Newspapers and city directories are other sources that can help you confirm a misspelled document. For example, the 1900 Huntsville, Ala., directory may show that a John Hereford lived at 123 Main Street, while the census shows that John Heriford lived at 123 Main Street. With these two records, you can deduce that there was probably a spelling error in at least one of the documents.


You can also use the information you find in the census records to try to trace the person forward to determine whether or not you have found a record of your ancestor. Let's say, hypothetically, you find a man named John Heriford in the 1910 census. According to this record, he was born in 1860 in Alabama, married to a 38-year-old woman named Jane and working as a laborer.

You then search for records of this man in the 1920 U.S. Federal Census, and you find a John Hurford who was 49 years old, born in Alabama, working as a laborer and living with his wife, Jane. In all likelihood, these are probably records of the same person, but from your own family records you have an old death certificate that shows that your ancestor John Hereford, of the same age and birthplace, died in 1918. Given this, you know that the record from 1910 is probably not a record of your ancestor because this same person is still alive in 1920.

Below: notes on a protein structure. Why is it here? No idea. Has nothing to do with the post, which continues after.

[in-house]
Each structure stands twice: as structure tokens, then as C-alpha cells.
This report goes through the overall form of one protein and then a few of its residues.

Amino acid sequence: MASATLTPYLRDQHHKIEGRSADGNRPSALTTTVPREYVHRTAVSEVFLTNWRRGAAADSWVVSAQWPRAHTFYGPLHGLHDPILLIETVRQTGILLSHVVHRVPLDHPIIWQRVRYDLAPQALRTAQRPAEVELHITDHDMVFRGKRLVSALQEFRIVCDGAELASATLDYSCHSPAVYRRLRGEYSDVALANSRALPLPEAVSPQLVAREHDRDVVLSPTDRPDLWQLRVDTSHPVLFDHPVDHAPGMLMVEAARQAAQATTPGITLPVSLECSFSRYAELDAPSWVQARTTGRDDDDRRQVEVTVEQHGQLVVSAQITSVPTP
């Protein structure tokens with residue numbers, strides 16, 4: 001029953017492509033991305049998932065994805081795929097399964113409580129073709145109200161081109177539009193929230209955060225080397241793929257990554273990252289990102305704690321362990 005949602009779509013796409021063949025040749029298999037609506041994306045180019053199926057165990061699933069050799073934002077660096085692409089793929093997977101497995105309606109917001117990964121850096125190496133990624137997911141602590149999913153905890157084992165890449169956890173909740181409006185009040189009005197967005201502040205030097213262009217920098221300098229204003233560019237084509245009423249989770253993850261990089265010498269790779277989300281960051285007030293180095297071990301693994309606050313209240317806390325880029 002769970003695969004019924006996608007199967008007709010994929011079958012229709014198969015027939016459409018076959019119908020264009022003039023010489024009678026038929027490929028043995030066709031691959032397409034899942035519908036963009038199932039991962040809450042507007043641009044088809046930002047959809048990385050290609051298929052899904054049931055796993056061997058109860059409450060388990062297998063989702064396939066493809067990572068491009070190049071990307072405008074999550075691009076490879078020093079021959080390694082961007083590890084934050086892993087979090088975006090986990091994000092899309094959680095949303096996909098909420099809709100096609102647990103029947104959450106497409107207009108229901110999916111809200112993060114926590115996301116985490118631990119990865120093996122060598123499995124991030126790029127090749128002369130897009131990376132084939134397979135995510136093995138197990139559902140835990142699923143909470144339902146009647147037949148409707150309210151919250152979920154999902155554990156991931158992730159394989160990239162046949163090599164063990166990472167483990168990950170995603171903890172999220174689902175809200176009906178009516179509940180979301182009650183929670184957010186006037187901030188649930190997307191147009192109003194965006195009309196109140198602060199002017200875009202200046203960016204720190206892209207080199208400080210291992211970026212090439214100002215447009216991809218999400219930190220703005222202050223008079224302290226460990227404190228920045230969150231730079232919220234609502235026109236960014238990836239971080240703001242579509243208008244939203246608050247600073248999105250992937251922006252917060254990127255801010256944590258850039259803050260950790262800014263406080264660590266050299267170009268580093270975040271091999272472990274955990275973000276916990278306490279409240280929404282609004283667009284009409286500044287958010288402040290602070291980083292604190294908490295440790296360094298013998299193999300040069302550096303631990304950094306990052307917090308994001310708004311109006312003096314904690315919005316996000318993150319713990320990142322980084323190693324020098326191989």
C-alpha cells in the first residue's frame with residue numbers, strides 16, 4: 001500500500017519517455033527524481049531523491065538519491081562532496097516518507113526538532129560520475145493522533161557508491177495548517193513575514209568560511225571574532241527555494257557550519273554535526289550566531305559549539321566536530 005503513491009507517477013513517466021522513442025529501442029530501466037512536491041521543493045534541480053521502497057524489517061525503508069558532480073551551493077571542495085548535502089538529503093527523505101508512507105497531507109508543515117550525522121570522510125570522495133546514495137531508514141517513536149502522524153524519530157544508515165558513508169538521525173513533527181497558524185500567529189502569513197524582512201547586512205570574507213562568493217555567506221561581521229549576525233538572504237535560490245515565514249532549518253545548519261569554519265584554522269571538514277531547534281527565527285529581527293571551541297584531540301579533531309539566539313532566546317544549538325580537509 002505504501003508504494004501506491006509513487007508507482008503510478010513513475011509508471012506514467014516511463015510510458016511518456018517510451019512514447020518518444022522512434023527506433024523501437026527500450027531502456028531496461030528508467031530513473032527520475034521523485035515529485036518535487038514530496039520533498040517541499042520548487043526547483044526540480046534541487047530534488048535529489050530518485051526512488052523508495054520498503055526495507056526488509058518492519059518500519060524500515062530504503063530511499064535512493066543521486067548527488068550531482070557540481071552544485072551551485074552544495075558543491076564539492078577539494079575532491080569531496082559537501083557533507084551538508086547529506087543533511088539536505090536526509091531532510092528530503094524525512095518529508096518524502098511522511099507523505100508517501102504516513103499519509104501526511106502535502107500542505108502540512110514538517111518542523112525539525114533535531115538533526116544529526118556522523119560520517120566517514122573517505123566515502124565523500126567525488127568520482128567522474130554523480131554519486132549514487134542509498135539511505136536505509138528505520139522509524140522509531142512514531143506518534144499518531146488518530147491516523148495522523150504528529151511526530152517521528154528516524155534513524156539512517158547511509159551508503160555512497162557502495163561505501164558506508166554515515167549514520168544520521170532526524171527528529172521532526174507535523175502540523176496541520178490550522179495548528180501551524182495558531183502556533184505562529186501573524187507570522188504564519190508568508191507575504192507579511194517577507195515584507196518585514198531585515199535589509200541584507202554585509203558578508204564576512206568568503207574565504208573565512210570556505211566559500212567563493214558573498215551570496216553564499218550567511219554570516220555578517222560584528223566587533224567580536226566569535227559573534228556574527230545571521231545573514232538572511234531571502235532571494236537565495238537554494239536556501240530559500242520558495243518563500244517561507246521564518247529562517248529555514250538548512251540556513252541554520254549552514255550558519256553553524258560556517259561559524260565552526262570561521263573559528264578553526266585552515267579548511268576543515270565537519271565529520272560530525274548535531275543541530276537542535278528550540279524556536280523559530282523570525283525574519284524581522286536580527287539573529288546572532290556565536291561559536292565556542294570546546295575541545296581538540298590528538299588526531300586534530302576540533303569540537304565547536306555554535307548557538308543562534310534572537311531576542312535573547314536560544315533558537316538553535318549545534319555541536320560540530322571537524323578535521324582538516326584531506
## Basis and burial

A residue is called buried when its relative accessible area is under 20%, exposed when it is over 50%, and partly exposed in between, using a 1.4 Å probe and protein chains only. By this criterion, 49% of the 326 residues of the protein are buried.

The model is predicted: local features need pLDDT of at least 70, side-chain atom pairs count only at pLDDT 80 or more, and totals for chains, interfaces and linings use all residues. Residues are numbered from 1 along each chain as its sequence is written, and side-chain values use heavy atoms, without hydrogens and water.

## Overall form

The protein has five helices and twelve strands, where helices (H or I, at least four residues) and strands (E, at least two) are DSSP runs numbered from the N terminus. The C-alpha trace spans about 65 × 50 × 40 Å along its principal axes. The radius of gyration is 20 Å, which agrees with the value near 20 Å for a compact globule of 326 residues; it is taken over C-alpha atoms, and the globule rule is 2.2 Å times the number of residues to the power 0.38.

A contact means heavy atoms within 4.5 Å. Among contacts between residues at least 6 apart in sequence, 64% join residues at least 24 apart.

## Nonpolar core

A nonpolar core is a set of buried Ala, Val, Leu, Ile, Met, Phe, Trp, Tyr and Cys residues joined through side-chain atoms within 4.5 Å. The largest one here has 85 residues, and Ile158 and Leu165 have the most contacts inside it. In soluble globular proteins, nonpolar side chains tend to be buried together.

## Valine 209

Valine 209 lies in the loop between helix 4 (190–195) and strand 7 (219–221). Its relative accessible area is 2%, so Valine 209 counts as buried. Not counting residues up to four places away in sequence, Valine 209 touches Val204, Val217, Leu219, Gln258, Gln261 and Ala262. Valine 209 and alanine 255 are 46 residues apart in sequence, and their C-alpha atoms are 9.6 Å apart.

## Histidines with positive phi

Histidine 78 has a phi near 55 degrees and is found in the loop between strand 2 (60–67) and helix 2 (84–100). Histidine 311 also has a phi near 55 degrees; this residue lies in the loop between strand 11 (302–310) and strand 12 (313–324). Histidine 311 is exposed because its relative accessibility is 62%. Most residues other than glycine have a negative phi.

Once you understand the challenges of working with documents that have variations in spelling of names, you can begin to search for earlier records of your ancestors. You know that your Hereford family was in the Huntsville area as early as 1900, so the next step in your research is to determine whether or not they moved to Huntsville or if they were there much earlier.


If you are unable to go back any further in your census record research, you can also expand your research by searching for the history of the Hereford surname in Huntsville. Was there are a large plantation or slaveholder whose surname was also Hereford before the Civil War? Were there relatively few African-American families with the surname Hereford in Huntsville until the 1900s?